Anchored in the University Heights area of D.C.’s northeastern quadrant, the Gerldets were formed in 1965 around talented eight-year-olds Gennise Rogers and Charlind Patterson. Managed by Gennise’s mother Genova, who coined the Gerldets’ neologism, the duo was expanded to a quartet with the addition of Paul Junior High classmates Janice Jones and Gail Freeman. Vocal talent ran in Janice’s family: Temptation Eddie Kendricks—Jones’ father’s cousin—arranged for the group to audition at Motown in the wake of the Jackson Five’s 1969 breakthrough. However, Berry Gordy’s Detroit concern was hesitant to take on the management of additional underage performers.
Motown’s rejection never slowed the girls down. The hyper-local New Frontiers took a crack at breaking the group with their ode to the mini skirt craze. The two sided “Mini Skirts Time” got lost in the same wilderness as stable mates Vetonicd Warren [sic] and the Fawns. As the girls approached womanhood, their backing band solidified around the twin attack of Al Williams on drums and Michael Bruce on guitar. They performed at the Howard Theater, Baltimore Civic Center, and in the Summer in the Parks series. Their growing popularity attracted the attention of the Casuals’ James Purdie, who intended to add them to the Casuals’ revue. The group refused to play second string, but Purdie managed to convince them to meet R.B.G.’s Robert Williams to discuss a production a deal. The first thing to change was their name, as the Gerldets morphed first to Spice before finally settling on Promise. Their sessions at db produced eight original songs resulting in two 1975 45s, both of which failed to get out of the starting block. After graduation in 1975, the group began to drift; enrollment in separate colleges ended their compact entirely.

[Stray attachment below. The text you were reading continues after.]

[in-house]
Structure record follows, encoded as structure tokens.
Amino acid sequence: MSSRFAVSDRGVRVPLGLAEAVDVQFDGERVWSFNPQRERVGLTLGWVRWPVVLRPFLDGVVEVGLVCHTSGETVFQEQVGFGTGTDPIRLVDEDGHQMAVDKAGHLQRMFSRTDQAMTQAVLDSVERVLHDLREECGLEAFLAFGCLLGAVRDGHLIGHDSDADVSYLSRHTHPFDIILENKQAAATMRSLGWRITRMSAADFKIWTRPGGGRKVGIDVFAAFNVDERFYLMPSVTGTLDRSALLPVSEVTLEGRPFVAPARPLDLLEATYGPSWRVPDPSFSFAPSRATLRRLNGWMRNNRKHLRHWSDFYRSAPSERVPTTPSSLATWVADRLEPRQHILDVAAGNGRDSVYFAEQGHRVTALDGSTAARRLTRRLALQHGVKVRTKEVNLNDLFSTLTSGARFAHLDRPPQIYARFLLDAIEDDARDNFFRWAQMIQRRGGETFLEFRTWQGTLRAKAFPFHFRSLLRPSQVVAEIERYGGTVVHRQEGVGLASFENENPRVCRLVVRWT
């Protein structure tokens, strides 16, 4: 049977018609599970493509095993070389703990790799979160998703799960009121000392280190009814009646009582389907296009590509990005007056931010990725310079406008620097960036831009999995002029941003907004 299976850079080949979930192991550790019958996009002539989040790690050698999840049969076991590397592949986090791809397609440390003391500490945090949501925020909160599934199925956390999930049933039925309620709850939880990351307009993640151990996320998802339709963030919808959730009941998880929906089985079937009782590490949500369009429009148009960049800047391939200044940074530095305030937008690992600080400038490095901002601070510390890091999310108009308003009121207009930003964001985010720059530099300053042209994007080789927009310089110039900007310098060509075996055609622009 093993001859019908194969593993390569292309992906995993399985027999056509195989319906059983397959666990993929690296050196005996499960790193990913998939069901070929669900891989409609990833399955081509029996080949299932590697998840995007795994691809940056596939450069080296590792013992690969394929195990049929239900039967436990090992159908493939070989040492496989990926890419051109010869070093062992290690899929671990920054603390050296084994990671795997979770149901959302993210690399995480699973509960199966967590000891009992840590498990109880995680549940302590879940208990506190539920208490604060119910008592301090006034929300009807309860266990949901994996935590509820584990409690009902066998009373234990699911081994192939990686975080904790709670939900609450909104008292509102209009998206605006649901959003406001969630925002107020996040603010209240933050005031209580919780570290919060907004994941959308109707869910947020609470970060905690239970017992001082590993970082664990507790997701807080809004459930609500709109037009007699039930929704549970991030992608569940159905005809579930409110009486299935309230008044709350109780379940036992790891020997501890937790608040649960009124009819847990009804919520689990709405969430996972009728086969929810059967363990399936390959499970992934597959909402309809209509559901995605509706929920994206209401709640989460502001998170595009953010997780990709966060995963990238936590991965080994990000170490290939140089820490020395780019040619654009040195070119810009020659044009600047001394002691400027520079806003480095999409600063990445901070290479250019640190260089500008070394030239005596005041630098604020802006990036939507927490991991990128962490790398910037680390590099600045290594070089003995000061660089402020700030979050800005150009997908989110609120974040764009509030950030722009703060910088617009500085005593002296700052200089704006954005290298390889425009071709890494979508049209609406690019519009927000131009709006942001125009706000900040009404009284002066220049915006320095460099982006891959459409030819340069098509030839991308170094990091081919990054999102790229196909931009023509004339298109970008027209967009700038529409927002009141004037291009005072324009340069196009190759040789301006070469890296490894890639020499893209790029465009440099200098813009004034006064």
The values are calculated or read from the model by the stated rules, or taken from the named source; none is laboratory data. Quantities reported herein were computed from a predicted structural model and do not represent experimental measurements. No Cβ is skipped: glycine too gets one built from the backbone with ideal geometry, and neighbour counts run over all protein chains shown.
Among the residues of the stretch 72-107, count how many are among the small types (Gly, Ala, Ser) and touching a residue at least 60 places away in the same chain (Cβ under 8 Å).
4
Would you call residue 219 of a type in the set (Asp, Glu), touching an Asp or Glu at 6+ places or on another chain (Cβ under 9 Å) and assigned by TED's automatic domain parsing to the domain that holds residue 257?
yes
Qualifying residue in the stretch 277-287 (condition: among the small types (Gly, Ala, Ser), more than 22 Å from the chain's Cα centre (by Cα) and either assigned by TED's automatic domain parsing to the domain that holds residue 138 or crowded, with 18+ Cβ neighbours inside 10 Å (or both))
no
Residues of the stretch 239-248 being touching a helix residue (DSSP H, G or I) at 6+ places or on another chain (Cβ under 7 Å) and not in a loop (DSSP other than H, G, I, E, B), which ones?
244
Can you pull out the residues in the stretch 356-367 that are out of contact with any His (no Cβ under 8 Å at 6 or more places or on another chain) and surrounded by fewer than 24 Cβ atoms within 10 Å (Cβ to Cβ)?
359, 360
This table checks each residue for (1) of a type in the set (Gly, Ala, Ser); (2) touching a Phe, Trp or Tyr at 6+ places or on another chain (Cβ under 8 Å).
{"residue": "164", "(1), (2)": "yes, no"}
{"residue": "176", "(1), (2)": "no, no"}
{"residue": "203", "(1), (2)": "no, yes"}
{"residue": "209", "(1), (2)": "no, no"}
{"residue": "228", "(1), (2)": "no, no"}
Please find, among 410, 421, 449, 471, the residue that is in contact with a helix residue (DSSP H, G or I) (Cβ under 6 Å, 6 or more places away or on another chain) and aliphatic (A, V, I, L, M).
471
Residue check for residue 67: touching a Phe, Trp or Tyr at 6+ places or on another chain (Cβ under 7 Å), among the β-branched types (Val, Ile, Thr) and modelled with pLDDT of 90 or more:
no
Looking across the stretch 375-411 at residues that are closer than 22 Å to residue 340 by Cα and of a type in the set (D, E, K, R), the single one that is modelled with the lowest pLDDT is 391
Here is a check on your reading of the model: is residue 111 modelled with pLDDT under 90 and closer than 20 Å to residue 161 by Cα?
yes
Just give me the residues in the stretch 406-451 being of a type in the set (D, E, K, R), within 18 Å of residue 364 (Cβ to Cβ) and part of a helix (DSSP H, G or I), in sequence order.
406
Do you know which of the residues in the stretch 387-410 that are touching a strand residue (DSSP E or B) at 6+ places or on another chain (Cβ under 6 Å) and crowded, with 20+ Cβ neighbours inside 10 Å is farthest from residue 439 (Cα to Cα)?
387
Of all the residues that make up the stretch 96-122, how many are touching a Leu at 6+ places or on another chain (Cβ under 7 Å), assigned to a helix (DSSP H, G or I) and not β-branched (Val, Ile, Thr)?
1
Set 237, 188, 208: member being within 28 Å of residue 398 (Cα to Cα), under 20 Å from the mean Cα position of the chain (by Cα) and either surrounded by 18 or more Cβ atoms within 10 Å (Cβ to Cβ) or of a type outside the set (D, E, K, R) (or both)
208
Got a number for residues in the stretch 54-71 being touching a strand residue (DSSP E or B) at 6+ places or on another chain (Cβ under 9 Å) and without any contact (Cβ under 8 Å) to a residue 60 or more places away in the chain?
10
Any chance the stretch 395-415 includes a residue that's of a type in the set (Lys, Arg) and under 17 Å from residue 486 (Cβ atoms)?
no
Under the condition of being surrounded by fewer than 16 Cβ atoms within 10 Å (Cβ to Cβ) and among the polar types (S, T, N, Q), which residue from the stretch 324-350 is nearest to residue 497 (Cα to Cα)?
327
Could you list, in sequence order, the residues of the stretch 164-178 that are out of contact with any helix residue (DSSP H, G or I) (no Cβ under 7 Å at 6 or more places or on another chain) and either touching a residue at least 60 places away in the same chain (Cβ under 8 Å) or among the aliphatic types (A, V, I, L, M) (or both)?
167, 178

A Red Black & Green Production
Just Another Day